Tech

Kalashnikov denies stealing video game weapon designs for his shotgun

In a nutshell: The video game studio claims that the weapon maker Kalashnikov, the AK-47, stole the design of a weapon featured in one of its games. But the Russian company denies any wrongdoing.

Speaking in an interview with IGNWard B CEO Marcellino Sauceda says he was contacted by Kalashnikov’s contractor Maxim Kuzin in early 2020 asking for permission to turn the fictional shotgun – the Mastodon – that will appear in his upcoming FPS Oceanic, into a real weapon.

In return, the Ward B was promised full credit for the design, the logo on the shotgun, and three finished weapons, giving Oceanic a lot of publicity. Unfortunately, the contracts for the deal were never received, and Kalashnikov never got in touch. Ward B simply assumed that Kalashnikov disagreed with the contractor’s claim that the Mastodon would function like a real gun.

This was expected to be the end of the story, until August 21, 2020 Kalashnikov announced the MP-155 Ultima model. It is based on the MP-155 hunting rifle, but has a redesigned aluminum-polymer chassis and an on-board computer that displays ammo, compass, stopwatch and timer. It also has Wi-Fi and a rail camera, making it look very much like a video game. In fact, he is very similar to Mastodon. Kalashnikov even said that the MP-155 Ultima was “inspired by video games” in the marketing of the shotgun.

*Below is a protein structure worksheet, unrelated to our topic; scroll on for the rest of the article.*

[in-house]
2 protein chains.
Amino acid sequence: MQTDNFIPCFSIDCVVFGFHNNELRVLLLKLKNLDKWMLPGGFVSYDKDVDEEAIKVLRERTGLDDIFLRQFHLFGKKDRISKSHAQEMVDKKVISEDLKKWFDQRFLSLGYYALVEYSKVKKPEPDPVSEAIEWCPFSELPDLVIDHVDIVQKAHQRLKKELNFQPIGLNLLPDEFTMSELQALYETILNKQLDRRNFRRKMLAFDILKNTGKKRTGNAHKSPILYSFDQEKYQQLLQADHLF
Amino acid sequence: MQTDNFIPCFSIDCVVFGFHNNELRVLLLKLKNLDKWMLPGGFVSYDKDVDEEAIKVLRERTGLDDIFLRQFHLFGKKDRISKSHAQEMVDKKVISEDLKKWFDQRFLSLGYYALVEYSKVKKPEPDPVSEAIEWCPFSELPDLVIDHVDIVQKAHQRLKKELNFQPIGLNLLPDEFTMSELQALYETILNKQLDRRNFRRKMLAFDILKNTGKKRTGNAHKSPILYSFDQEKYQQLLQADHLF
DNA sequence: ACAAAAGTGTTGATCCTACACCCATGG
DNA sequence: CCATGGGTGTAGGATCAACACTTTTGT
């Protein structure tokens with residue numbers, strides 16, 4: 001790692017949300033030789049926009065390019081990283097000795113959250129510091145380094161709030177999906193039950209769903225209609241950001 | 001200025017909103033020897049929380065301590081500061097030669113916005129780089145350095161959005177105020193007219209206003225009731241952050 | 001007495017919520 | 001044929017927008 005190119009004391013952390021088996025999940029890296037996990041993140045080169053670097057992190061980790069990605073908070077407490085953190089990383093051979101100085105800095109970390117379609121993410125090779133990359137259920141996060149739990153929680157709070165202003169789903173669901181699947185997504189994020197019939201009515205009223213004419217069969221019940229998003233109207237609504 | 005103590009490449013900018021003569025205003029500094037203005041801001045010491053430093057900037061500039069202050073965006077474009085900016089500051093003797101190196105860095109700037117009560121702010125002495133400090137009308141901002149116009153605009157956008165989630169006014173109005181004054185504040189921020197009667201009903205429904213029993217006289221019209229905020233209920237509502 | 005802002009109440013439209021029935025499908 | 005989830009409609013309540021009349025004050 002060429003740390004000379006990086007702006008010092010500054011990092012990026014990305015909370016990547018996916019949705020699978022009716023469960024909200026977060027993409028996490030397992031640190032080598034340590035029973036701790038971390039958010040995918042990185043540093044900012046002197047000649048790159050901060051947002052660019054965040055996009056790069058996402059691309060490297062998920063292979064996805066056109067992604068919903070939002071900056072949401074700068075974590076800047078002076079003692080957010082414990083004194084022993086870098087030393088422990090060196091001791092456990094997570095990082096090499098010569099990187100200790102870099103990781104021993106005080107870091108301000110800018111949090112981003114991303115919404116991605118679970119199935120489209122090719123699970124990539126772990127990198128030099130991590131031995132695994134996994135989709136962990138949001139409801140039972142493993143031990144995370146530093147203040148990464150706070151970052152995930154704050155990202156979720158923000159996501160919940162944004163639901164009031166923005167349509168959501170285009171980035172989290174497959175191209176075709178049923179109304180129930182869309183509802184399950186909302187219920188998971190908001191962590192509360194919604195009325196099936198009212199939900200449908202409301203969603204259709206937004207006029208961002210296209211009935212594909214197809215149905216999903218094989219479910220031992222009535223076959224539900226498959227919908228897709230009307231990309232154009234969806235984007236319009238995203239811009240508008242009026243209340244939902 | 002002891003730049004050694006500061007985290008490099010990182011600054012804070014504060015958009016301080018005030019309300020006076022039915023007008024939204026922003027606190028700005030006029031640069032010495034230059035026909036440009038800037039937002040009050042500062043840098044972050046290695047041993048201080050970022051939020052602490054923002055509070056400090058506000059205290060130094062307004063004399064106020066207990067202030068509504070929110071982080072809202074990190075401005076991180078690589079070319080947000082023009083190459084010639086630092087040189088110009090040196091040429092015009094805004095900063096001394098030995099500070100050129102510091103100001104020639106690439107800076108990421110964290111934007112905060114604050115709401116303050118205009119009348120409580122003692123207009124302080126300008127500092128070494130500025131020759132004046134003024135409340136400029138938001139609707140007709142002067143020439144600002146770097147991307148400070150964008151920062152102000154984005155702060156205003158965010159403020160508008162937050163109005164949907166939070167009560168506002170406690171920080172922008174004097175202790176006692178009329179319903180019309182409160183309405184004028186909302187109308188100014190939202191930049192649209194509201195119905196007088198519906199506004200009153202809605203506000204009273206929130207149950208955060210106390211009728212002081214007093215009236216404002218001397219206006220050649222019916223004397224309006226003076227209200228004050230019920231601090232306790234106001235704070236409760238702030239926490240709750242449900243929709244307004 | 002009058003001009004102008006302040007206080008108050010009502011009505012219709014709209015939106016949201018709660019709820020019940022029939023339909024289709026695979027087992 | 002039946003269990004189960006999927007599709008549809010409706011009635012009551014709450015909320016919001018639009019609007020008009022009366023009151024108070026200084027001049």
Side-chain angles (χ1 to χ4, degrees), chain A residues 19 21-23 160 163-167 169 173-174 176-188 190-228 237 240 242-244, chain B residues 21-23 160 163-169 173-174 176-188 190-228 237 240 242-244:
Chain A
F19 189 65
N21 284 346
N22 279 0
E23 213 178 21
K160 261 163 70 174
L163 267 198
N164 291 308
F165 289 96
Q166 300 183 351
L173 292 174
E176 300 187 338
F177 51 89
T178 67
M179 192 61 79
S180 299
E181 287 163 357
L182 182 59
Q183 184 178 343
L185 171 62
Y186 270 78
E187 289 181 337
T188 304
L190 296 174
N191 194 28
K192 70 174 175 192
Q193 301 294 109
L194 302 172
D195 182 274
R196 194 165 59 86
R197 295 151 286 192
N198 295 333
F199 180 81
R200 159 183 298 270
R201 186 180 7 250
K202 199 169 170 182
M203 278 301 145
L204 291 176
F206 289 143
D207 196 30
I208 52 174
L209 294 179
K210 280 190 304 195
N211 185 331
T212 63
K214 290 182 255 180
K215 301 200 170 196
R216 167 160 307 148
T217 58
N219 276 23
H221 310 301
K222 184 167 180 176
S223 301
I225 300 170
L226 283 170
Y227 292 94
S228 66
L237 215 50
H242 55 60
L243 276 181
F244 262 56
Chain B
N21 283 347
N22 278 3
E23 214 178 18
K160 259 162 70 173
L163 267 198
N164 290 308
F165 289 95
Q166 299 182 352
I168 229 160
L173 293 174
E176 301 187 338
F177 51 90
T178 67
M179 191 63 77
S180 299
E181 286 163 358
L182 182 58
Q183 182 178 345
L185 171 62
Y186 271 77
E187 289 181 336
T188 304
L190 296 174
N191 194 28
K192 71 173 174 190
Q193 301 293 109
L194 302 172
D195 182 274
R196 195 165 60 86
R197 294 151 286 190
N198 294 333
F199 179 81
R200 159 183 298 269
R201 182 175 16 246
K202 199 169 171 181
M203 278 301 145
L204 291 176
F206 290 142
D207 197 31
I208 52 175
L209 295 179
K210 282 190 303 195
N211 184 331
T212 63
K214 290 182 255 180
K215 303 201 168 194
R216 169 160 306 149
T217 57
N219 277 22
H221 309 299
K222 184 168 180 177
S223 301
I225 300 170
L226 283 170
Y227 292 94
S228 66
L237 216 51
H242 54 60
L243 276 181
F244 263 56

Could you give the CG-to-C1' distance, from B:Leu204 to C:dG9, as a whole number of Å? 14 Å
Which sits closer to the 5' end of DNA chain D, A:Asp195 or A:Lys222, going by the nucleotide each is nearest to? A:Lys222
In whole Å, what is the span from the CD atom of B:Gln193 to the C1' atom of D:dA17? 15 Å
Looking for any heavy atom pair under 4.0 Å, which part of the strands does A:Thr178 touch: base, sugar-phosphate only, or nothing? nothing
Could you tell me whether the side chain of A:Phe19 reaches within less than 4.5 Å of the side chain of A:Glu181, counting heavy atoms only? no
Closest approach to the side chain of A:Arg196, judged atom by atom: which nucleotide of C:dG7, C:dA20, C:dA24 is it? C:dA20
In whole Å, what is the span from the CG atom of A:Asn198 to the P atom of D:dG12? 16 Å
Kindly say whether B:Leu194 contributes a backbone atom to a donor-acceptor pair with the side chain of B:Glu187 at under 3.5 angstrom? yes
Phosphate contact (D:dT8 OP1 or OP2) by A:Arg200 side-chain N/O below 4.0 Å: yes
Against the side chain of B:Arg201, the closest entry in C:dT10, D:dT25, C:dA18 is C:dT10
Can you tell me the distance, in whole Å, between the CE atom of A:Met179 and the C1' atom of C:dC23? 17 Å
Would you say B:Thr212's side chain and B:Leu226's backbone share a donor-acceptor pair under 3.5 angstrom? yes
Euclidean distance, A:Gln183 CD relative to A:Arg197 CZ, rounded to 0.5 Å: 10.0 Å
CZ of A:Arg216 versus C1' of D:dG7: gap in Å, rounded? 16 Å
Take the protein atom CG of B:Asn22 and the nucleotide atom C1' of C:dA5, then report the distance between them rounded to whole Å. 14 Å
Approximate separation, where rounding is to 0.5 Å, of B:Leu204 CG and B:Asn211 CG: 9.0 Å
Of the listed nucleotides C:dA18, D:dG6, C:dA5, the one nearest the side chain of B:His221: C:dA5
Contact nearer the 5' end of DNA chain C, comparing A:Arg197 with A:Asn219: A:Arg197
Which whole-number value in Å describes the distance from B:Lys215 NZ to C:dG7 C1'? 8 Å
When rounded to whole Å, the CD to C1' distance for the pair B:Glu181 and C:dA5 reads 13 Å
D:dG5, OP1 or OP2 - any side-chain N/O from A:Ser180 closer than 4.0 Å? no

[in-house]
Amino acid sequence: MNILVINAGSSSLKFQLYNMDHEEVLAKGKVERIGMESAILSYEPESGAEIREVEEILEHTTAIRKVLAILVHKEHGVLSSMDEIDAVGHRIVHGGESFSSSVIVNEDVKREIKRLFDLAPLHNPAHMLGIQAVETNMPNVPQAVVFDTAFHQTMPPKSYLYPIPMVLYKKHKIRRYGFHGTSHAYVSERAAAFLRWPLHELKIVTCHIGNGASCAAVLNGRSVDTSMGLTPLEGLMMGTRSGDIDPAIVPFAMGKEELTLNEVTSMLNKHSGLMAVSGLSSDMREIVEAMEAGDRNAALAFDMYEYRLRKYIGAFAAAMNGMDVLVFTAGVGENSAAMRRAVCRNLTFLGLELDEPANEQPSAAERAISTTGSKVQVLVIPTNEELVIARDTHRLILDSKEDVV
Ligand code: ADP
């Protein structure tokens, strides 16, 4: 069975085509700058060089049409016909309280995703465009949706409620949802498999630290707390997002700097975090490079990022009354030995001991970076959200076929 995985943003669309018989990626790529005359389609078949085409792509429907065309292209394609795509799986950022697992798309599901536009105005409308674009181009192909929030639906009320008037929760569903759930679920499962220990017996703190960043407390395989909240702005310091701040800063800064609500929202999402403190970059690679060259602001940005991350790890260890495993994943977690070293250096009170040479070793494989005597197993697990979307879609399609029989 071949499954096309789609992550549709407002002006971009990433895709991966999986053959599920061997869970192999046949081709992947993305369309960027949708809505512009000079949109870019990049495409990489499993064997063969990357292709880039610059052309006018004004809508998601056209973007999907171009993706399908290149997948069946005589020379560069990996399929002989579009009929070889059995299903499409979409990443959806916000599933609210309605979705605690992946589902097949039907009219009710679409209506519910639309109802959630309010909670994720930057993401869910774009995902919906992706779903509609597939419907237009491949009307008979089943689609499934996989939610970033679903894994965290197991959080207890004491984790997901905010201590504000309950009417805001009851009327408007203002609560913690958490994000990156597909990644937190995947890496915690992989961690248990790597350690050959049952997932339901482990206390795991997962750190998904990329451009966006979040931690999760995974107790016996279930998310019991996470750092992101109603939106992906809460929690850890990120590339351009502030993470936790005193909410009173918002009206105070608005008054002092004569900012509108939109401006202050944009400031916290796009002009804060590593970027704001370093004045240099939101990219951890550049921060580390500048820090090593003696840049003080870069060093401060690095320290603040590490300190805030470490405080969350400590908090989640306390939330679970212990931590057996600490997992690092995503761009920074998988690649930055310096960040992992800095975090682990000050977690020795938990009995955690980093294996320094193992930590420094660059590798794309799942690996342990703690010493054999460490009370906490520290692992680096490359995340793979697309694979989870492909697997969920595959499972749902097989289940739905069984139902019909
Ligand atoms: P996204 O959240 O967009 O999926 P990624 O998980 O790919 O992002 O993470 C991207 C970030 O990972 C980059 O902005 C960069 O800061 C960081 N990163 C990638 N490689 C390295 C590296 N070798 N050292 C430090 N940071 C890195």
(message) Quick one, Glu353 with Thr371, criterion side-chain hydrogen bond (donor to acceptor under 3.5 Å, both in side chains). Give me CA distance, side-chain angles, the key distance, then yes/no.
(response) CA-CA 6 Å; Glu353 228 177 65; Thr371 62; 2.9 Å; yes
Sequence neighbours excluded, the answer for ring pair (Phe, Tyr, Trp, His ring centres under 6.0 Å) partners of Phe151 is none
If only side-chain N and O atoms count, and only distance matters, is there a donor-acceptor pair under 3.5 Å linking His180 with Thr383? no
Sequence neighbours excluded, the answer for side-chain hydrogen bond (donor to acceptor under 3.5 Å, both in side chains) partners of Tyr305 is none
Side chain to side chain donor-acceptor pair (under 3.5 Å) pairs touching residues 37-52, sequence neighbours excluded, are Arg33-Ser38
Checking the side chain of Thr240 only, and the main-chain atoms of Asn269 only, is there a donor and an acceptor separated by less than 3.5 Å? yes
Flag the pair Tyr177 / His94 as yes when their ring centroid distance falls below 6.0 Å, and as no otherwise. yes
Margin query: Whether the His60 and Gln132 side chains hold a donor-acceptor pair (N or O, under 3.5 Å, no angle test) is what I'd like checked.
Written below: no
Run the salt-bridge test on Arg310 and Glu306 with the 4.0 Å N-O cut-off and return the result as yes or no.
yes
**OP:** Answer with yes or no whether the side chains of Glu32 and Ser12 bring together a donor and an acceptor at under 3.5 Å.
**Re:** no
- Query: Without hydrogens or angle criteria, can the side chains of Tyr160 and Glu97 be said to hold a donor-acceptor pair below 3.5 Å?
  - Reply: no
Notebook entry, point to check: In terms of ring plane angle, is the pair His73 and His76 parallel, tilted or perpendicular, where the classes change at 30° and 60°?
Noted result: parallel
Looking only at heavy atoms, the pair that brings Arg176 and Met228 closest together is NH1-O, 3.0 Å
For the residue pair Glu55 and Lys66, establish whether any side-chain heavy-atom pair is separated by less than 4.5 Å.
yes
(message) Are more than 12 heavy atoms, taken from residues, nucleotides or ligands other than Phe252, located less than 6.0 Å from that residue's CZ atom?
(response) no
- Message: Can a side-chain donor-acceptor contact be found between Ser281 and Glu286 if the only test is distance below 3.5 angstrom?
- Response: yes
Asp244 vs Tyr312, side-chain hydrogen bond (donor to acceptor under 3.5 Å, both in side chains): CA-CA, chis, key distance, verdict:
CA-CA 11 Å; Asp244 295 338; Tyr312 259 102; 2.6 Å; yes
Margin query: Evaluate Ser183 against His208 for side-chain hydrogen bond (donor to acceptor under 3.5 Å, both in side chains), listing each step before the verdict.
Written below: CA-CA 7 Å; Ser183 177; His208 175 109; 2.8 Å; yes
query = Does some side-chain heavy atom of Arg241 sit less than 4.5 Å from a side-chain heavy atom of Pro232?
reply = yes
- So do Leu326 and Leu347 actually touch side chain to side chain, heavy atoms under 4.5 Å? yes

Souseda says that certain aspects of the MP-155 Ultima make it a clear copy of the Mastodon. The forend, receiver and other elements have the same functions, some of which were added to the game version only for aesthetic reasons and have no practical use. But the most striking feature is the L-shaped notch above the trigger, which Ward B uses as a motif on many of its slot machines.

“The fact that they included this indentation is kind of … it’s sketchy because I kind of feel like they have [Mastodon’s 3D model] and they forgot to exclude that part – because they removed it from the other side with a bolt, ”Sauceda said.

Kuzin claims the deal fell through because Ward B lacked the funding and investment to complete the game and the release date was unknown, which meant it was too risky to work with the company. He also argued that Ward B never paid the conceptual artist to create the weapon, so there were no clear licenses or ownership rights. The studio reports that the artist was on deferred payment terms from the very beginning, and now he was paid.

Kuzin added that he consulted with “another designer from Russia” to create the Ultima design from scratch. But what really influenced Ward B’s wound was that Kalashnikov licensed the Ultima design for another video game, Escape From Tarkov, ostensibly completing his journey from game to real weapon to game.


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